After the verdict in the trial of former Minneapolis Police Officer Derek Chauvin was announced, House Speaker Nancy Pelosi expressed her gratitude for "justice" - by thanking George Floyd for "sacrificing" his life. In the video, Floyd could be heard repeatedly saying, "I can't breathe".
Many of Floyd's loved ones emphasized the importance of the moment in the arc of history - Philonise called Emmett Till, a boy lynched in MS in 1955, "the first George Floyd" - and stressed that they want to make the world a better place for young people, like Floyd's daughter Gianna, who was at the news conference.
"I'm not just fighting for George anymore", he said.
"I was not at all comfortable that the verdict would come out as a verdict of justice despite the fact that all the evidence was there", he said, noting that this was borne out of a lack of confidence that America would have delivered justice for Floyd, a black man. The confrontation was captured on camera and prompted global racial justice protests, including thunderous rallies in Calgary.
"The entire nation saw the tragic murder of George Floyd on television", she said. The way he was murdered was awful! Credit: APProtesters celebrate in the street in Minneapolis.
Rodney Johnson, 65, a Navy veteran, had been glued to the TV coverage over the course of the three-week trial before heading out to Black Lives Matter Plaza following the verdict.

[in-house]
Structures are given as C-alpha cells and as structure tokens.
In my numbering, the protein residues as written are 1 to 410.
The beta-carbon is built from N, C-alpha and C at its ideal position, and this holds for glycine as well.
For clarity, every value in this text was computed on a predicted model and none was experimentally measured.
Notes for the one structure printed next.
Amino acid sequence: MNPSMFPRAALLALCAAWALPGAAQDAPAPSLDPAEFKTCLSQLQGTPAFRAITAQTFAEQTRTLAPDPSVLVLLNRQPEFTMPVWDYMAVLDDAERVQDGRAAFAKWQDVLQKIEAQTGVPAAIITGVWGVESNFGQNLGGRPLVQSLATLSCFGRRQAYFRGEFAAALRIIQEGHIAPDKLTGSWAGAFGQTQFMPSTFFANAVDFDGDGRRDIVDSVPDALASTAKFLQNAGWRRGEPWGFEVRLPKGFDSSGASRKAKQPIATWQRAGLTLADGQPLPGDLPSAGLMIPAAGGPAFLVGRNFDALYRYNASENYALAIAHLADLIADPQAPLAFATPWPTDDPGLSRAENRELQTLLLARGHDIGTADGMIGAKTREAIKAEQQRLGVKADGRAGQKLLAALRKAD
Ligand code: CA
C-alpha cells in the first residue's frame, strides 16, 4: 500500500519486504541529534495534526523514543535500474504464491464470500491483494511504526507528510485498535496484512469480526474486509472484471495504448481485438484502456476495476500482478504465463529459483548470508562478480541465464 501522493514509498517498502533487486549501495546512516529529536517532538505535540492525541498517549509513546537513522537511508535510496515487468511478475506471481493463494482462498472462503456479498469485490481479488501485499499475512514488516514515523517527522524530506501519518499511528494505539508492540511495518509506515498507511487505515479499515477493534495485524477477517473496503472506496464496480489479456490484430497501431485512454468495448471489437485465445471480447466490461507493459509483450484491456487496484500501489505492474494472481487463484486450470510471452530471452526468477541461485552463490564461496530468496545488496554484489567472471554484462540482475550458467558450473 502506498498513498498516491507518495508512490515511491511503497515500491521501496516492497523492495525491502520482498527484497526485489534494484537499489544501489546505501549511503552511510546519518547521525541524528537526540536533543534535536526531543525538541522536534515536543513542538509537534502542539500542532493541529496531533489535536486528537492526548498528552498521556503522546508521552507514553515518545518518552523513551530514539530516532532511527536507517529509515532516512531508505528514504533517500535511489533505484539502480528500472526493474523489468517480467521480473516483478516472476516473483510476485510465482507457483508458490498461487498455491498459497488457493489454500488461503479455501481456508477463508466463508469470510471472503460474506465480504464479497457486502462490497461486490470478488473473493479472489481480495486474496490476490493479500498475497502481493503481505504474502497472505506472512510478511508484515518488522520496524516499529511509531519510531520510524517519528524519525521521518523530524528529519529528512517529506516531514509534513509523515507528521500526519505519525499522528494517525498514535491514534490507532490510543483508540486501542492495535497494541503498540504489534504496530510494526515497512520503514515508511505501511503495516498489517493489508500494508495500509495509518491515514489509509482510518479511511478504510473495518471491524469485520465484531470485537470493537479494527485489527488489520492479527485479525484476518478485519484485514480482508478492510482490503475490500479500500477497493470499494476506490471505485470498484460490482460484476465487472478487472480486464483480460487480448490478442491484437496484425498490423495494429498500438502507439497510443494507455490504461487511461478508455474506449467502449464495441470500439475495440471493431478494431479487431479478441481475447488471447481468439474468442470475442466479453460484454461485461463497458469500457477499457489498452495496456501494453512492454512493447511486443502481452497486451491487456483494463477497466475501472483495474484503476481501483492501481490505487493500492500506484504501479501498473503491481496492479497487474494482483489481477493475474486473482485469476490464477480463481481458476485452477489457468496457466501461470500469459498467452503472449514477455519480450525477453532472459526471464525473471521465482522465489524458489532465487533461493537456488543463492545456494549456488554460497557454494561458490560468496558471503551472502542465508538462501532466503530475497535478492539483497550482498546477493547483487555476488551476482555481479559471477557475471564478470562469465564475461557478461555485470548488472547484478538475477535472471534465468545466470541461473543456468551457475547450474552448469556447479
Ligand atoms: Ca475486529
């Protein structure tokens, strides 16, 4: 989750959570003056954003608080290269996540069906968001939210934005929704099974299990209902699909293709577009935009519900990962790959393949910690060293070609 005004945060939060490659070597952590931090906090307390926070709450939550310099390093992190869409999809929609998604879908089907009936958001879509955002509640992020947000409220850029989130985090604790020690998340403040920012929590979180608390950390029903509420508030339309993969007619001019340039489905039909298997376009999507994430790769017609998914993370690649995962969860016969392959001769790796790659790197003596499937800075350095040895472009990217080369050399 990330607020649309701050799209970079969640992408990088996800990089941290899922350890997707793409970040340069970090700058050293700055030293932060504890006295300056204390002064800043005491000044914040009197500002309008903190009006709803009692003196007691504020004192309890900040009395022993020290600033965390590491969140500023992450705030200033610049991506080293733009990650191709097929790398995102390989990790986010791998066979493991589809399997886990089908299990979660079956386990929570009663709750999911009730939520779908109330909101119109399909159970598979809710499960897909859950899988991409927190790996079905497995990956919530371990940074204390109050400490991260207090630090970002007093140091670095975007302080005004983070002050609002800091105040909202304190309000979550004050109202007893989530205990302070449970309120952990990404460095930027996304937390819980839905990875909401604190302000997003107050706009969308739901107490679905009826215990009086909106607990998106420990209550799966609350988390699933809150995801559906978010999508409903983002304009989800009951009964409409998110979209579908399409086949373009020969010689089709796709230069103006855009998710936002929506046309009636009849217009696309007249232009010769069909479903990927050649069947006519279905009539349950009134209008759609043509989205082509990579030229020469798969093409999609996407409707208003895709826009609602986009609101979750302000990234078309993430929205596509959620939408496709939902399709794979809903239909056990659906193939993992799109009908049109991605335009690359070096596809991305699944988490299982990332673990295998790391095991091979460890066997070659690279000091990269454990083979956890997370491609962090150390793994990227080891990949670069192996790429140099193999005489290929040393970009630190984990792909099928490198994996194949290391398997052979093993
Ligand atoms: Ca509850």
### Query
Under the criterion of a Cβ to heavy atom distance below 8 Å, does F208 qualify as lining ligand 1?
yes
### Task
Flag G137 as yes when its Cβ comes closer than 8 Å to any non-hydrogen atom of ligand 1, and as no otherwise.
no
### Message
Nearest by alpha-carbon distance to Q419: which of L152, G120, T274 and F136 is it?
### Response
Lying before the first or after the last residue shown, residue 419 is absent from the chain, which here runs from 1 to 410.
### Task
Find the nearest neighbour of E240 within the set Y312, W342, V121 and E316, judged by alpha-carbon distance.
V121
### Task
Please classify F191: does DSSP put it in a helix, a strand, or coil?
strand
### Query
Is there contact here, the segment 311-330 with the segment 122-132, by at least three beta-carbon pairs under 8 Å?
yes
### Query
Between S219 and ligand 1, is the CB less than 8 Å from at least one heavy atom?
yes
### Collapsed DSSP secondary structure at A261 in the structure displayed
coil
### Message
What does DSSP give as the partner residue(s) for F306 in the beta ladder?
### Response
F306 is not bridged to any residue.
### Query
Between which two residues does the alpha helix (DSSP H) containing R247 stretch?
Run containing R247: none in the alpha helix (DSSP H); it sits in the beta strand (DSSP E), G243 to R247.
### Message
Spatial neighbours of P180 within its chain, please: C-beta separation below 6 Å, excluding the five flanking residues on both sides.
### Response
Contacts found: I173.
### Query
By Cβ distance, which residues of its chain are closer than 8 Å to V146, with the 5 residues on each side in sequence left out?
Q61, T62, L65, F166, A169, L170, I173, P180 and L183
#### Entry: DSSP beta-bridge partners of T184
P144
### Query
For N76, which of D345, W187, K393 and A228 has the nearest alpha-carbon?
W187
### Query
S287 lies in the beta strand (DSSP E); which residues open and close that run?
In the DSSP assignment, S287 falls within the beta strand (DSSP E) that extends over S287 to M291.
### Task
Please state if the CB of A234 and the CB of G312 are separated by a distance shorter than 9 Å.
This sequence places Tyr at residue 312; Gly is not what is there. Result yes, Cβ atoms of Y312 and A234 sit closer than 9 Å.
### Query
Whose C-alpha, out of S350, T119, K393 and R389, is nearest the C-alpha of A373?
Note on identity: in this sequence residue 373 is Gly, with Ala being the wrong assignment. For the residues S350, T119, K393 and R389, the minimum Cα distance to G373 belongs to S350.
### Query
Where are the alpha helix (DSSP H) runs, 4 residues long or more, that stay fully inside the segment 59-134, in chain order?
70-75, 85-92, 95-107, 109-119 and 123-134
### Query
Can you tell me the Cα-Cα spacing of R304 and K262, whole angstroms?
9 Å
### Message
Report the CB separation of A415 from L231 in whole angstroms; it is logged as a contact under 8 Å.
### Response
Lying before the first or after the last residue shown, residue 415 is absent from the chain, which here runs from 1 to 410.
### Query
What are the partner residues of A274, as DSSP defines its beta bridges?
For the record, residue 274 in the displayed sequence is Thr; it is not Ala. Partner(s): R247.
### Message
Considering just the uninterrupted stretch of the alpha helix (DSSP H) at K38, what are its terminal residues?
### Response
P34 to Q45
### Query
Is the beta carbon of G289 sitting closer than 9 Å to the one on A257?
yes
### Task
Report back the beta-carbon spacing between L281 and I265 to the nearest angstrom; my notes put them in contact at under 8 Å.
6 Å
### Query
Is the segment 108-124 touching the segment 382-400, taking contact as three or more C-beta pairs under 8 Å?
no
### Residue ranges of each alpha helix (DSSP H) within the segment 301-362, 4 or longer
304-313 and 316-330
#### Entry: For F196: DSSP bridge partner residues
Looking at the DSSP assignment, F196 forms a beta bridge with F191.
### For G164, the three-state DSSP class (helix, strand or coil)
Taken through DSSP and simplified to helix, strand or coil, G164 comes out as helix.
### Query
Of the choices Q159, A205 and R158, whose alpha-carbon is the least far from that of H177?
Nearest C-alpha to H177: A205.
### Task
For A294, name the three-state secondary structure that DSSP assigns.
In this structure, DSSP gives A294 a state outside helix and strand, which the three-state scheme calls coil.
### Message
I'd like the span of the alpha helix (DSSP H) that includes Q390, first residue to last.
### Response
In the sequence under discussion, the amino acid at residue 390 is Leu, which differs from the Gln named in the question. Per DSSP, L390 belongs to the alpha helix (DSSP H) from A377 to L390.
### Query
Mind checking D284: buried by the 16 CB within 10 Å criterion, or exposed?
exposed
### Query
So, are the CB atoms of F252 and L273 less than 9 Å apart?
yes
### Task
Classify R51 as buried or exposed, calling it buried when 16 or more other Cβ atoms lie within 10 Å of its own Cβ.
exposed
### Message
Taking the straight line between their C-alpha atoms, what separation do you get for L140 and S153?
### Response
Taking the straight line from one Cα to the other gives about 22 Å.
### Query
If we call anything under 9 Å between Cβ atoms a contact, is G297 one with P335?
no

"I'm exhausted of seeing unarmed Black men be killed".
In Houston's Third Ward, a historically Black neighbourhood where Floyd grew up, James Walker, 39, called the verdict bittersweet. History is filled with martyrs that draw people's attention to injustice.
James Allen, 68, another Black activist and president of Virginia Beach Interdenominational Ministers Conference, said he had no doubt that Chauvin would be found guilty.
"I don't have any sense of satisfaction", he said.
Jones praised the young woman who filmed Chauvin kneeling on Floyd's neck, as well as other trial witnesses, for "doing the right thing" and called on Congress to take action by banning chokeholds and establishing a national police registry for cops like Chauvin.
During two separate events, on March 8 and March 27, police made misdemeanor arrests of protesters. He says he's somewhat relieved by Tuesday's verdict, but it doesn't mean that there isn't still work that needs to be done.
Law enforcement in many cities had prepared for unrest.
In an interview with the local Star Tribune newspaper in June past year, the police spokesperson who penned the statement defended the initial police characterisation of the fatal incident.
Police Chief Harold Medina said that in Albuquerque, "we often come short when it comes to practicing what we preach" with racial justice.
One person said that Chauvin was now on the Governor's Naughty List after already being on Santa's Naughty List.
But both were put into the department's written policy past year for the benefit of both the public and officers.
In overwhelmingly white Vashon Island off Seattle, resident Karen Oneil watched the verdict with her handmade sign half painted. Today's verdict sends that message, but it is not enough.
When she headed to the island's quaint downtown to wave it, the white paint reading "Hope Begins" was still wet.
"But it still underlines that there's an bad lot of work to do", he added.